It was not just the suddenness of his death that made it hard to realize Louis Kahn was gone. Something about the way he disappeared from the world—irregularly, mysteriously, with that strange two-day gap when nobody he knew could find him—left many people unable to take in the facts of his death.

For the California relatives, who learned about Lou’s death through a series of relayed phone calls, there was a persistent confusion about where and how he had died. Decades later, Kahn’s niece, nephew, grandnephew, and two grandnieces all thought he had suffered a heart attack on the way back from Bangladesh; their memories, that is, selected his much-celebrated Dhaka project over the rarely discussed Ahmedabad campus. They knew he had died in a train station, but at least two of them remembered it as Grand Central—again, a more appropriately monumental choice. (These erroneous details proved to be so persuasive that they even entered the historical record, for in a 1993 Toledo Blade article listing the highlights of Louis Kahn’s life, the Ohio newspaper included the line: “1974 – Dies of heart attack in Grand Central Station, New York City, en route from Bangladesh to Philadelphia.”) The West Coast Kahns believed, moreover, that Lou’s body, with its characteristically messy hair and rumpled clothing, had been taken for that of a transient for two days, until somebody finally realized who it was. Part of their distress had to do with this idea of unrecognizability: they could hardly credit that someone as famous as Louis I. Kahn could go unidentified for two days.

Among at least some of the East Coast relatives, a different story prevailed. According to this view, the New York police had included the wrong address in their initial cable because Kahn, for reasons unknown, had obliterated his home address in his passport. Harriet Pattison, a firm believer in this version, was convinced that he was finally intending to leave his wife and come live with her and their son. Nathaniel Kahn, who incorporated this story into his movie about his father, called his mother’s interpretation “a nice myth,” though he believed that the address had indeed been crossed out. Anne Tyng felt that Lou would never have changed his domestic arrangements, but she too credited the altered-passport idea, as did her daughter. “There is no doubt in my mind that the home address was crossed off,” Alex Tyng said, “but why, or what he intended to do, I don’t know. Maybe he had chest pains on the plane and wanted to make some kind of gesture or statement that would be found if he died before he got home. We’ll never know.”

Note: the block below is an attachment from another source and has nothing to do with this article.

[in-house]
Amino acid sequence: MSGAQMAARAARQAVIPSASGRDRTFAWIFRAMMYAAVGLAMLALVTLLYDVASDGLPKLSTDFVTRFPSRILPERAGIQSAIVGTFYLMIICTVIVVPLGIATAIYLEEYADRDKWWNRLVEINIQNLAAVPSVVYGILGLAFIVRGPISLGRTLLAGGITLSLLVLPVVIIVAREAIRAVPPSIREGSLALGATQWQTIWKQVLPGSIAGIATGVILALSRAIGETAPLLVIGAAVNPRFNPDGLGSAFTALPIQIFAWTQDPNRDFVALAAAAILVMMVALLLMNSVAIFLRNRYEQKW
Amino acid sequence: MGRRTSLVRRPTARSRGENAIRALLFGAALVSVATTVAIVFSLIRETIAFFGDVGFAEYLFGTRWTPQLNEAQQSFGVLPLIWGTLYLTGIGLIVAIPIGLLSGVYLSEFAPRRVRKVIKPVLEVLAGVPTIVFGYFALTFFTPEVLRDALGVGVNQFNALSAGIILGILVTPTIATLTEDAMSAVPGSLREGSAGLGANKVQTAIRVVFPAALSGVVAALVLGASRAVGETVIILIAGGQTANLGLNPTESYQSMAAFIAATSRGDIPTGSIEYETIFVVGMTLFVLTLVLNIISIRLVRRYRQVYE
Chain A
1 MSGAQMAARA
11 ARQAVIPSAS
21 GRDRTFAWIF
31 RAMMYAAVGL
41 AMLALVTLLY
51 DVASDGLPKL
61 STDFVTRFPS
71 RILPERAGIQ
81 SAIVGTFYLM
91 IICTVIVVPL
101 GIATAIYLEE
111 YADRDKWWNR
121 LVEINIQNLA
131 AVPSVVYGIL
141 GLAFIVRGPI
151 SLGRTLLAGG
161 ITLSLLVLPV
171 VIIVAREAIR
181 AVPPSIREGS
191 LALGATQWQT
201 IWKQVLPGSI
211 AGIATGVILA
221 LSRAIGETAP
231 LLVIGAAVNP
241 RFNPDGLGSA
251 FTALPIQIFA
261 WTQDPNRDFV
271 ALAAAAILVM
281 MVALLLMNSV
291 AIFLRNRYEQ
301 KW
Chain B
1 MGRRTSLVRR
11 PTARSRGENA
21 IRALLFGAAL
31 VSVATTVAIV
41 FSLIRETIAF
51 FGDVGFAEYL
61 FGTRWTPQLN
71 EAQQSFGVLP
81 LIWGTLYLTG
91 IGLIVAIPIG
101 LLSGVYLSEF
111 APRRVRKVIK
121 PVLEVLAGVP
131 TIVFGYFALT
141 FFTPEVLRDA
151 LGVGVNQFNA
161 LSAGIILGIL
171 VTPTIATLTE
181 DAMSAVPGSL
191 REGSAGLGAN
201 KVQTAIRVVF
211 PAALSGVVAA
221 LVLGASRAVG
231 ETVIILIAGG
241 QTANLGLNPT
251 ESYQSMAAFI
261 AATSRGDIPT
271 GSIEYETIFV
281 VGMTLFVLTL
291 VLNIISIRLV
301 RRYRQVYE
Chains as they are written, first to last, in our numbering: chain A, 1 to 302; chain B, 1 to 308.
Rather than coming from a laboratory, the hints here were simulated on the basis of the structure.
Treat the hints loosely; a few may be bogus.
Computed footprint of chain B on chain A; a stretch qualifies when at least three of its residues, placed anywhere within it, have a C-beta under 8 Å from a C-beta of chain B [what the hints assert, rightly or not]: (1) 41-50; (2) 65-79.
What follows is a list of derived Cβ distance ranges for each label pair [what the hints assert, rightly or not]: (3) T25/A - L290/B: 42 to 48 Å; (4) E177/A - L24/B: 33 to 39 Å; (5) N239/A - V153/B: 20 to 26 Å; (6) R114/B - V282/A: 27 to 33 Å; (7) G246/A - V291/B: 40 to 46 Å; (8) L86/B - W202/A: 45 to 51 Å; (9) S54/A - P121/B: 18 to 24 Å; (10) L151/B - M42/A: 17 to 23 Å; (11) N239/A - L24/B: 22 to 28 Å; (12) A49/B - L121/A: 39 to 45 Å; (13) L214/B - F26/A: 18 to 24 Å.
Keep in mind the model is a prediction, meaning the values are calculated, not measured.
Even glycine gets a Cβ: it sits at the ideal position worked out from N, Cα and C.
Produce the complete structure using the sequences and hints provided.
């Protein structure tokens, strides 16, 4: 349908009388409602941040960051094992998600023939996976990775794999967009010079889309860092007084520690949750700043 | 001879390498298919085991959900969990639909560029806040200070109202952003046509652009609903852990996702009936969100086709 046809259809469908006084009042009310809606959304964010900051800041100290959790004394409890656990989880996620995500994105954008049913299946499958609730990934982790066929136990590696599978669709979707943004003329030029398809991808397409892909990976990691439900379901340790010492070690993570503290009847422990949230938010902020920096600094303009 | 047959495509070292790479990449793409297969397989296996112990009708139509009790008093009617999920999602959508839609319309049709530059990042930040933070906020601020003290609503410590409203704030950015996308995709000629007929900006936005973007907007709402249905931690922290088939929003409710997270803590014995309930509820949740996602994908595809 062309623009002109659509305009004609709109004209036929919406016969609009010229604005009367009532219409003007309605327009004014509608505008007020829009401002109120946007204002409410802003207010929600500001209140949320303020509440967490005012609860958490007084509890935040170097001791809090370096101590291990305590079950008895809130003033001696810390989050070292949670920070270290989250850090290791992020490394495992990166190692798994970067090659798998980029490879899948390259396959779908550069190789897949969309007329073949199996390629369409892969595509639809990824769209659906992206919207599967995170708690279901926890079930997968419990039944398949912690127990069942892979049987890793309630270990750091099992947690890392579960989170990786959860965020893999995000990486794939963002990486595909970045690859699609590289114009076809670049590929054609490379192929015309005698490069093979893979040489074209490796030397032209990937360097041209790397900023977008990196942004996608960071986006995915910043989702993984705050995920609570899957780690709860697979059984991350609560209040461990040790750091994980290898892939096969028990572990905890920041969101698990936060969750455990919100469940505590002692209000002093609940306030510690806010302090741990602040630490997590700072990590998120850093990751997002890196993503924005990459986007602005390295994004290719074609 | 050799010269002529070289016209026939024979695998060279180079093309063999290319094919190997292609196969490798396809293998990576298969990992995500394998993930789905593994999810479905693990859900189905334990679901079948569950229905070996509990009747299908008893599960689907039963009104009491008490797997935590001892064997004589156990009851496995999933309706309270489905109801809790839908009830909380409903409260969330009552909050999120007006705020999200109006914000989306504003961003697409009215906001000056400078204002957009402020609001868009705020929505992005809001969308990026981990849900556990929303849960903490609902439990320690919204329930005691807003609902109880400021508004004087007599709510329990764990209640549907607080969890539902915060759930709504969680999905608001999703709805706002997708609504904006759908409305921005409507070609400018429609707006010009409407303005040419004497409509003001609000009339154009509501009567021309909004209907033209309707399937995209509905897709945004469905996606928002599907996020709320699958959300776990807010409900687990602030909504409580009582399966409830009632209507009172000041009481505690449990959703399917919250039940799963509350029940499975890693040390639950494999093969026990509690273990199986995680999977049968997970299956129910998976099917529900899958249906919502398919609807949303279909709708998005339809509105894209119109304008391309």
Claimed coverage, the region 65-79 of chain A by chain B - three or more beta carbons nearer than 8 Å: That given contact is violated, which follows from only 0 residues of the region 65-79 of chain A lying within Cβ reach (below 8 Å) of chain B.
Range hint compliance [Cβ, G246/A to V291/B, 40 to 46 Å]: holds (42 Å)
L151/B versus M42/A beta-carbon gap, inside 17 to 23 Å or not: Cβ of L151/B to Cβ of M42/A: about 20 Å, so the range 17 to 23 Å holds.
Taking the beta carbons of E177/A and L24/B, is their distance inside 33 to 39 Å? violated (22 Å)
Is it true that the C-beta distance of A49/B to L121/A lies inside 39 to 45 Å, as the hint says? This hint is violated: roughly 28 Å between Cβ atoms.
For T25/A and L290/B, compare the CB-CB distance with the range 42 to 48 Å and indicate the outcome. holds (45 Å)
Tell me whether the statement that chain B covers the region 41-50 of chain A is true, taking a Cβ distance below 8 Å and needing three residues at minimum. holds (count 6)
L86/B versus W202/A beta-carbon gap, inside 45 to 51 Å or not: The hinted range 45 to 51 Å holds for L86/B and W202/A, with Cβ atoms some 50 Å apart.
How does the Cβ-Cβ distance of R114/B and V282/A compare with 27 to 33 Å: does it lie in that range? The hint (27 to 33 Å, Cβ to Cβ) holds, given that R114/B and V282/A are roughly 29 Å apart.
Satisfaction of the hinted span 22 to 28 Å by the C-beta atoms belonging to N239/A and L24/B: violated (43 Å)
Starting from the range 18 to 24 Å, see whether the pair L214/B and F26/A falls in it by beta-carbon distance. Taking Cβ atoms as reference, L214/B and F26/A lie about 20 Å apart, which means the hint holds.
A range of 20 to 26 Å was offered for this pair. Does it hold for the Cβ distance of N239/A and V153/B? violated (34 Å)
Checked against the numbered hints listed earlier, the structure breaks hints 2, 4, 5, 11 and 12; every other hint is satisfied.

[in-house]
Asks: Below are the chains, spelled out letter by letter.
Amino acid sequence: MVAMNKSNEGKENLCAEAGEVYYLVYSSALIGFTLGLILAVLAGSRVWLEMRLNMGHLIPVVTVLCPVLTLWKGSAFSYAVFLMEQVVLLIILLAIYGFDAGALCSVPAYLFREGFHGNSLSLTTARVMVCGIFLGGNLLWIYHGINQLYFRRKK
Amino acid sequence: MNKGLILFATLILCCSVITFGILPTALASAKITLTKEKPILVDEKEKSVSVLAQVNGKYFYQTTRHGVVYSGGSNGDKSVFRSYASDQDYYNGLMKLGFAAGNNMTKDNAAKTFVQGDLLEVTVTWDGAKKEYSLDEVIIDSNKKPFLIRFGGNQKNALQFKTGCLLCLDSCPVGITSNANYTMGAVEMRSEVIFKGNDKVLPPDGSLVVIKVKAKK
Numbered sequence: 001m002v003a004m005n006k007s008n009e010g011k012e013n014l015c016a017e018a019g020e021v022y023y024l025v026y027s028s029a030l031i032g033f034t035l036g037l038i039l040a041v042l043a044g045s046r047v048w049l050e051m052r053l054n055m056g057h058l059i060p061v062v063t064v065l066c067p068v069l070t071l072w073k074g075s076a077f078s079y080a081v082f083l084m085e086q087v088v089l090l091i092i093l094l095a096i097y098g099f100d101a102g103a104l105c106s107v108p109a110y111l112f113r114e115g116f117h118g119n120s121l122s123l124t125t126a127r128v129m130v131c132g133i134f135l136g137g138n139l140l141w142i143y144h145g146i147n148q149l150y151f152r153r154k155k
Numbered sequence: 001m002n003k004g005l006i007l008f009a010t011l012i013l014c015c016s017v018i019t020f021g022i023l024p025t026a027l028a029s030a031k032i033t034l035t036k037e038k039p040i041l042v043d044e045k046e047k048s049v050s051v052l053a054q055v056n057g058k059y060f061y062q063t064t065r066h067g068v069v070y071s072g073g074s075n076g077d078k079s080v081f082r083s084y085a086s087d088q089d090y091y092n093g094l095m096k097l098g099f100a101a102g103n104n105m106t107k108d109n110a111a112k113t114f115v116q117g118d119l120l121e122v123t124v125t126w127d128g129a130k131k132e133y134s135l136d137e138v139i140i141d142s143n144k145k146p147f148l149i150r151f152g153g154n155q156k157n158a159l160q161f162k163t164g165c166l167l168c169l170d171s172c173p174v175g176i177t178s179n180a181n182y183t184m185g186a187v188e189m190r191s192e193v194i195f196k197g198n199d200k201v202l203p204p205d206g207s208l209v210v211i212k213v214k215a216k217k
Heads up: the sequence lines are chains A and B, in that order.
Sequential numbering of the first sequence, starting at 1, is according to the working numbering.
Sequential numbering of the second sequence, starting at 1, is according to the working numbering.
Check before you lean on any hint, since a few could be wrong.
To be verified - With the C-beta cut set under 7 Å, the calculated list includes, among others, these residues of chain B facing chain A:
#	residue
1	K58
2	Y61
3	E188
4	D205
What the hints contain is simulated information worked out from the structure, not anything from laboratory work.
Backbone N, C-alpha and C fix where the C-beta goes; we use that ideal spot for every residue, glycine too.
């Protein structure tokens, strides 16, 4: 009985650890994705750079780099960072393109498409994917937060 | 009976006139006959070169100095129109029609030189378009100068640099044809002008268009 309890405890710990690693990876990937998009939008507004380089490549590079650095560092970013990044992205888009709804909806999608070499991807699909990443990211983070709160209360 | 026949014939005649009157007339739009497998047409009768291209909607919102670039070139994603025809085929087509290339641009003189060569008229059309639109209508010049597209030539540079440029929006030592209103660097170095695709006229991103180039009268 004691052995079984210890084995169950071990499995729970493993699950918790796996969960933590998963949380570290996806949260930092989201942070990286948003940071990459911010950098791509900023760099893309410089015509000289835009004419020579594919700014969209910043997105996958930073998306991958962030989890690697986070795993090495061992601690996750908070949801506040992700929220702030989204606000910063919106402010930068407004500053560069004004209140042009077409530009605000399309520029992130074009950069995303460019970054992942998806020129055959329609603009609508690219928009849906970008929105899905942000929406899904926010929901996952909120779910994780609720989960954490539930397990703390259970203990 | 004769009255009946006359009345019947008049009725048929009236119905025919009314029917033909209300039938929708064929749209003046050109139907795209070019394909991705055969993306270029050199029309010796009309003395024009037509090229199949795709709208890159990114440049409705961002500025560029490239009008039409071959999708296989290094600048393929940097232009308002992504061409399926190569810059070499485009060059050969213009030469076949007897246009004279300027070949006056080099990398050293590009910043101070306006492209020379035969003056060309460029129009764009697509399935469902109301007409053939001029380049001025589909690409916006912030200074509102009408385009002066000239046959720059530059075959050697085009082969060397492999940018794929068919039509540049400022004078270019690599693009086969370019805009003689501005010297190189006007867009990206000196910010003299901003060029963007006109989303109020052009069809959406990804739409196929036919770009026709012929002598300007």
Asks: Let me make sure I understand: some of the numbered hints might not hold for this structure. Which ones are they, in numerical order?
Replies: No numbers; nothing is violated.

But American passports, then as now, did not have the bearer’s home address printed on them. There was a space at the front where one could, if one wished, write in a home address, but the passport Louis Kahn was carrying on that last trip—the one with the March 16 exit stamp from Bombay’s Santacruz Airport—had nothing written in the home address space. The only address in the passport was on the vaccination certificate attached at the back, and it was completely uncrossed out. “I heard the passport in question has disappeared,” said Alex, but all the while it was in her older sister’s possession. Yet even Sue Ann had not bothered to dig out the document until she was pressed to do so many decades after her father’s death. Some mysteries apparently beg not to be solved.

The myth of the crossed-out passport persisted over the years, surfacing anew with each discussion of Kahn’s death. For outsiders, it was merely a curious feature of an incompletely resolved case. But for the women and children who had been officially excluded from the obituaries and posthumous commemorations, the story seemed to offer the consolation of a private, secret affirmation of their role in Lou’s life. And this is understandable. Whenever people die unexpectedly, away from those who knew and loved them, the survivors will long for a final message from their dead, and when it is not forthcoming, they may have trouble believing it was never sent. With someone like Louis Kahn, who meant so many different things to so many different people, the usual sense of loss and uncertainty would have been compounded by the mysterious circumstances of his death. Lou’s habit of secretly slipping off from one place to another, of being routinely unlocatable for an indeterminate period of time, had gone from temporary to permanent. It was as if he had simply slid through a hole in reality, moved from existence to nonexistence when no one was noticing. Yet if his absence was hard to grasp, it was nonetheless the only fact that could be agreed upon. He was no longer around, bodily, to hold everything together. He was no longer physically present to persuade each friend or loved one, each client or employee, that he was exactly the person they knew and wanted him to be.